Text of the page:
Monday, 21 January 2013



Hassanat fled Nigeria in 2006 with her one year old daughter, who was threatened with Female Genital Cutting (FGC). She was trafficked to Britain and has been living here for 6 and a half years, and is currently living in Newcastle. She now has three young daughters who have grown up here and become part of the community. Despite coming here seeking safety, the British government now wants to deport Hassanat and her daughters back to Nigeria where they have no family and friends and will still be under threat of FGC and the ongoing problems and conflict in Nigeria.

Hassanat was a victim of human trafficking, she was trafficked to Britain from Nigeria. Yet despite the current government’s promises on tackling human trafficking Hassanat and her children are the ones who are being criminalised as the Home Office has declared that they are to be deported back to Nigeria on 1st February 2013.

The British government committed to opt into the EU’s directive on human trafficking in July 2011. The directive is focused on 'prevention and combating trafficking in human beings and protecting its victims...The adoption follows a Commission Directive proposal...with binding legislation to prevent trafficking, to effectively prosecute criminals, and to better protect the victims, in line with the highest European standards.'

Mark Harper MP, minister of state for immigration and chair of the Inter-Departmental Ministerial Group (IDMG) on human trafficking states that ‘The fight against those that seek any opportunity to exploit others is one that must be tackled locally, nationally and internationally.’

In the IDMG’s report published in October 2012 they state that:

'Fuelled primarily by those who seek to make a profit from the misery of others, human trafficking is the vilest of crimes and equates to modern day slavery. Men, women and children from across the world are exploited and forced into performing services or other work against their will. In some instances the exploitation can be experienced over a prolonged period of time. Those who are exploited may face years of sexual abuse, forced labour, or domestic servitude and, in many instances never fully recover from their traumatic experience.'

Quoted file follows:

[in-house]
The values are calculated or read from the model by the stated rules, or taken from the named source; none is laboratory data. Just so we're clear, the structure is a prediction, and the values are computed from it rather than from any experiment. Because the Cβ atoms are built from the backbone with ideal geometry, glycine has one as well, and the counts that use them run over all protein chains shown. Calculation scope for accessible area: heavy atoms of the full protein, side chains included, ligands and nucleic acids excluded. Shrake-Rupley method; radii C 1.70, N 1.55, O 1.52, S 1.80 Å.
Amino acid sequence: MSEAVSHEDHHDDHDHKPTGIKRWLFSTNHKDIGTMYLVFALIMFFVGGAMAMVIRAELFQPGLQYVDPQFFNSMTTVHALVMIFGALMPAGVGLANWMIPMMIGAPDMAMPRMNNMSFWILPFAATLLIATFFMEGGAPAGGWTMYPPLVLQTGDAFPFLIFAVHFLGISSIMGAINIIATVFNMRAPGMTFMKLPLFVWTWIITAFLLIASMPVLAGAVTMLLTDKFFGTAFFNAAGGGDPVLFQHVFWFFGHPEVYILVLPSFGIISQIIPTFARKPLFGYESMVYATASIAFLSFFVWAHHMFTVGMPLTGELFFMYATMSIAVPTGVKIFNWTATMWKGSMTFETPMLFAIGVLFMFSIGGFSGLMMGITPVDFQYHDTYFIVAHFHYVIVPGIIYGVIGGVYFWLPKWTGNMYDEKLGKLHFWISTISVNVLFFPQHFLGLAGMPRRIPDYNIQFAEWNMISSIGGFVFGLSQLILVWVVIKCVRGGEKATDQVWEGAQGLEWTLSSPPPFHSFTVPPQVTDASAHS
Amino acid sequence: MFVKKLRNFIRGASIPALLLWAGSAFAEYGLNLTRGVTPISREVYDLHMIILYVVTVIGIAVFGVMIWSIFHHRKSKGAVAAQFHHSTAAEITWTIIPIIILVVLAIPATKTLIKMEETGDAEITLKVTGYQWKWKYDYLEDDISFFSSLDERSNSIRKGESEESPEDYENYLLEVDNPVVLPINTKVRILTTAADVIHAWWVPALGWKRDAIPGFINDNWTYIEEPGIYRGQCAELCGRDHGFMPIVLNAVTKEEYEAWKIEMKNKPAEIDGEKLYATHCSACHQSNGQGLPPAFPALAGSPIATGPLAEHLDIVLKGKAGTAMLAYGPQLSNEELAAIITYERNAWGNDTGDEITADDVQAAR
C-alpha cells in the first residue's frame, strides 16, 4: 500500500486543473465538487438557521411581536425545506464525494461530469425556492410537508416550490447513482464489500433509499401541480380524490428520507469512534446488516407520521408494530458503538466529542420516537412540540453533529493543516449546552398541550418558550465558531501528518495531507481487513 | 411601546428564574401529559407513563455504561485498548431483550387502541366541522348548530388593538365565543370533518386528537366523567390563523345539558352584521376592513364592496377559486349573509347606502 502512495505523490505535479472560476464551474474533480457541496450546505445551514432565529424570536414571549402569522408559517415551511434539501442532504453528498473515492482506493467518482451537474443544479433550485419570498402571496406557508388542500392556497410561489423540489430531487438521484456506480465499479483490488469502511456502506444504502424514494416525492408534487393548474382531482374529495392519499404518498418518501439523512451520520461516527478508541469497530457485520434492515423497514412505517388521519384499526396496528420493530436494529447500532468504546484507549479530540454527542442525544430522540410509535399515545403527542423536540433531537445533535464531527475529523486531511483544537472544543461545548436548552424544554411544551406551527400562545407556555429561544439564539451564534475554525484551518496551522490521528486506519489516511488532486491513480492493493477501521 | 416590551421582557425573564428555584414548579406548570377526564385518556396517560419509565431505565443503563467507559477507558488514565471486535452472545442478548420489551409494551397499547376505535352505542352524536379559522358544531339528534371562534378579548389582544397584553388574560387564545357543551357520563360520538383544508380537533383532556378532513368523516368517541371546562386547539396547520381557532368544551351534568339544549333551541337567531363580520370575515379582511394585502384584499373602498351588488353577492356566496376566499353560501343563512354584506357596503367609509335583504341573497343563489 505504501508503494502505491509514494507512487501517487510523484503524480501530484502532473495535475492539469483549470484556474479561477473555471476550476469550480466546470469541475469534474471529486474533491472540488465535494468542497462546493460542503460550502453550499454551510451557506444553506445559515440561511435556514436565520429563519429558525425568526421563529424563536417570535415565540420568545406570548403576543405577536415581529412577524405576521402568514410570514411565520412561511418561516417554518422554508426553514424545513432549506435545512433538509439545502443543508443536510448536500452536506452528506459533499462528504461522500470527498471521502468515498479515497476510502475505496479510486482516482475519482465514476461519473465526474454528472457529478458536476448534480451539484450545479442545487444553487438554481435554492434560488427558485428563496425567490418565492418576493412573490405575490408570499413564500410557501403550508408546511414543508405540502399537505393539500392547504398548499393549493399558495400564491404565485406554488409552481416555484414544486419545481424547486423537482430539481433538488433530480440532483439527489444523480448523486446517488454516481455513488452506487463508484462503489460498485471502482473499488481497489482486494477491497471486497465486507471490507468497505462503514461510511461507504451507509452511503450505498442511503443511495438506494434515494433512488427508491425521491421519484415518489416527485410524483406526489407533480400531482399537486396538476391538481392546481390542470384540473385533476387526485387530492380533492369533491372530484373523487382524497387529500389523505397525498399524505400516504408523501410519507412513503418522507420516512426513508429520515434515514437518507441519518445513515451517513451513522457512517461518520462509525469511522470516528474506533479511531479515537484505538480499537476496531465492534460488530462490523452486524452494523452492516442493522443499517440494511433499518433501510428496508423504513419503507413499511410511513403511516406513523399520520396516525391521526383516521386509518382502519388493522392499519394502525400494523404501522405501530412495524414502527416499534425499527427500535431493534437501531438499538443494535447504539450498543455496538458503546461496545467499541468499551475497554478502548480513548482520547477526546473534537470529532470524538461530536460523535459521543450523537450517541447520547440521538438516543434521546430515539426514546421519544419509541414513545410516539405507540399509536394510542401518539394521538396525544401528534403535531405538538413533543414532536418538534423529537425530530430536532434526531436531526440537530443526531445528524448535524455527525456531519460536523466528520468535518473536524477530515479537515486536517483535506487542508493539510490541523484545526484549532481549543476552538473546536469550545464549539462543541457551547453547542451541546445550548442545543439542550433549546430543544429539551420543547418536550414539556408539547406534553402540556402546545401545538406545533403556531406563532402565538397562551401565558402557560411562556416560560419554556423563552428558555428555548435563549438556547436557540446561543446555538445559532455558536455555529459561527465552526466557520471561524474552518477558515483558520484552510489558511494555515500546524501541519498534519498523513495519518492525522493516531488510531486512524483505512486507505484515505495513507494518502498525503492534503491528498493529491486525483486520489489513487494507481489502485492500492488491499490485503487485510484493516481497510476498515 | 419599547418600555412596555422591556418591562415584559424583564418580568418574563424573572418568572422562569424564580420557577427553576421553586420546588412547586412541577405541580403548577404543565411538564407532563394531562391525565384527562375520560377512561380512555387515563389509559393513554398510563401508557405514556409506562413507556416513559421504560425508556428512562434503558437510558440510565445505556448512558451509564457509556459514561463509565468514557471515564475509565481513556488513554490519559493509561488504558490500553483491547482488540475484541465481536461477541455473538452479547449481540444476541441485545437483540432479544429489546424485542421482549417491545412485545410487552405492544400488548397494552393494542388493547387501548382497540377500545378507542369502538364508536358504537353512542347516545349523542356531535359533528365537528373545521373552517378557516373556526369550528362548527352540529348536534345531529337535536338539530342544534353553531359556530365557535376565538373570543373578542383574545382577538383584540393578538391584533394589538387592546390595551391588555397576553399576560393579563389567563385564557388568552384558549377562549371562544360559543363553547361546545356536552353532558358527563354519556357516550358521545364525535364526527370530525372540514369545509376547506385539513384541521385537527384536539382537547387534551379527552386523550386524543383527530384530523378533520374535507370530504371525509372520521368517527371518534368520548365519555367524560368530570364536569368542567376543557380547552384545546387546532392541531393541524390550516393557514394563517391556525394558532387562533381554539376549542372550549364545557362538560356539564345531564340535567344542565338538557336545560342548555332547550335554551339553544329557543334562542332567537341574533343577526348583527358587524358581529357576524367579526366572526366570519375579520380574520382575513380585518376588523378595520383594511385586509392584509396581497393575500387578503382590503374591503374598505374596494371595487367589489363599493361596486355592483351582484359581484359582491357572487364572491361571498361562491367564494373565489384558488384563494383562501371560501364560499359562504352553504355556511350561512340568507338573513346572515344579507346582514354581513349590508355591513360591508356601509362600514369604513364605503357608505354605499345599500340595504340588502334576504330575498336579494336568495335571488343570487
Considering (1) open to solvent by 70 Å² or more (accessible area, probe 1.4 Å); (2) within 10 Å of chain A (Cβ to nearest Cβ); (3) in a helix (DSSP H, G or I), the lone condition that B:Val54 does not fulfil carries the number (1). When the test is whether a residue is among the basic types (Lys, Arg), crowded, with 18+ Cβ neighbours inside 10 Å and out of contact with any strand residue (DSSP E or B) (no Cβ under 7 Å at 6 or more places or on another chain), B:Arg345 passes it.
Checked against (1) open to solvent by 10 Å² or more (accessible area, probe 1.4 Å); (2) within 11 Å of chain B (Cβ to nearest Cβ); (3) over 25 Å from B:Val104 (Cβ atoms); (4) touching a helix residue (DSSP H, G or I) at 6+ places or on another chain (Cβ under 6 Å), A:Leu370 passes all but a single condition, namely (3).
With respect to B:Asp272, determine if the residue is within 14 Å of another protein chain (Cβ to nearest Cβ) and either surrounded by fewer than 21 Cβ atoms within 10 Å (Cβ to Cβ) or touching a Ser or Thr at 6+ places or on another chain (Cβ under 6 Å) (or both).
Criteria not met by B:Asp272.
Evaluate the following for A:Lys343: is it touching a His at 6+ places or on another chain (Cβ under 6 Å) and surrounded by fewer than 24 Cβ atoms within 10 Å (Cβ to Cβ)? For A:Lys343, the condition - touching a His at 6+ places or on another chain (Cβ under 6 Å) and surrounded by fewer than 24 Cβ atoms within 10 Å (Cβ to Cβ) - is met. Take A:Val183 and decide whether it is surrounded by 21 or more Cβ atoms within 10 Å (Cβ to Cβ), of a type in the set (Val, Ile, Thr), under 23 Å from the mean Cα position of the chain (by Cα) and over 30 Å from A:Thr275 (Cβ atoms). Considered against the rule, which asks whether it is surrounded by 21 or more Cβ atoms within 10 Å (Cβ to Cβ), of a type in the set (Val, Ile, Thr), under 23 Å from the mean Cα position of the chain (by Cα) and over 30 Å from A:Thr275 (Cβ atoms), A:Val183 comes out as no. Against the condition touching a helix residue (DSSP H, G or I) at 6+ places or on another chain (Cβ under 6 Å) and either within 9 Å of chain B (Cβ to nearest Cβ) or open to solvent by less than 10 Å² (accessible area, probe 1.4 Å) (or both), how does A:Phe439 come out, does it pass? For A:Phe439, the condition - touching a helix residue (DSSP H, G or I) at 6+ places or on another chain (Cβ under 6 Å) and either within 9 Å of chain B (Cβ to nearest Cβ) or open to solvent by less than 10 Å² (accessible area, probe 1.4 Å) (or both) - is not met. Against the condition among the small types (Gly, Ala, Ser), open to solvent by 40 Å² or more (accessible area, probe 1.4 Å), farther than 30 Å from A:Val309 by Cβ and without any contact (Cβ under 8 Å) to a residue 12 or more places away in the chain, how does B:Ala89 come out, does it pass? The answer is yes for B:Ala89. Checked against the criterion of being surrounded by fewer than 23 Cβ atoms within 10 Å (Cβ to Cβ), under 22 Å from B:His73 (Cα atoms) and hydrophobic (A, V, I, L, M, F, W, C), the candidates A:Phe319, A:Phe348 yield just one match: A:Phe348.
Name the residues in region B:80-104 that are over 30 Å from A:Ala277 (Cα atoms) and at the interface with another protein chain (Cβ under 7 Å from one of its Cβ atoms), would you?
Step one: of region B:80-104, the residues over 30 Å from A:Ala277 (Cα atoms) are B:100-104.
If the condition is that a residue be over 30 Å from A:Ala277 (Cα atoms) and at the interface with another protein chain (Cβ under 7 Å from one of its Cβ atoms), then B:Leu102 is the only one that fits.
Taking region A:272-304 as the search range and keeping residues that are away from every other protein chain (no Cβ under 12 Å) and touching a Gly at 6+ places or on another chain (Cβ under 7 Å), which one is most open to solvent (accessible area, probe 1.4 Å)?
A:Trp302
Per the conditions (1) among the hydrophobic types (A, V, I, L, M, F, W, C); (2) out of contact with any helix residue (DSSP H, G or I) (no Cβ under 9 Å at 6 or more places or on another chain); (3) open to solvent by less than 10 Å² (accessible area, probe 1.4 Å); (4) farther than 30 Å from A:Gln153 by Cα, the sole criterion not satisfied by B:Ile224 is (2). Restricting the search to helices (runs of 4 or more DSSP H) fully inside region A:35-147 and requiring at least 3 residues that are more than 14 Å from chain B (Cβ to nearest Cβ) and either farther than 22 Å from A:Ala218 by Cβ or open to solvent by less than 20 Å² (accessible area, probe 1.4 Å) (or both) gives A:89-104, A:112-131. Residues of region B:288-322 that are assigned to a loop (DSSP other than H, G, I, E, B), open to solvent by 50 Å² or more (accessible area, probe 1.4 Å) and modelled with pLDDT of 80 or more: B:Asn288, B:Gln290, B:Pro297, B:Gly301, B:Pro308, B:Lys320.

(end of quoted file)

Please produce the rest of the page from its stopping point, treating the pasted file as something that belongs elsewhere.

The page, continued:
Why are Hassanat and her daughters (7 and a half years old, 5 years old and 3 years old), victims of trafficking, being punished and forced to endure even more traumatic experiences? The government has some very fine words to say about protecting victims. We demand that they put these words into practice and give Hassanat and her daughters indefinite leave to remain in Britain. 

Hassanat explained her situation:

‘I have been here for over 6 years. For me I think it’s unfair to deport me and my children. I haven’t committed a crime or anything, I don’t know why the government hates me. I have 3 children and in Nigeria they do FGC and so I’m so worried about my children. But they don’t believe anything I say. In Nigeria they believe the man should take the children, so I would lose them even if I went to court. There is nowhere I can go to, nowhere to hide. I have lost my Mum, I have lost my Dad.’

Take action

Contact British Airways and ask them not to carry Hassanat Omeneke Aliyu (Home Office ref: A1432864/5) and her children against their will. Read a guide to airline campaigning here.

The flight details are flight BA75 (to Lagos, Nigeria) at 10.30am on 1st February 2013.

You can write to, fax or email:

British Airways
Relations (S506)
PO Box 5619
CO10 2PG

Telephone: 0844 493 0787

Fax: 01787 883 195

Web form:

No deportations! Hassanat and her children must stay!

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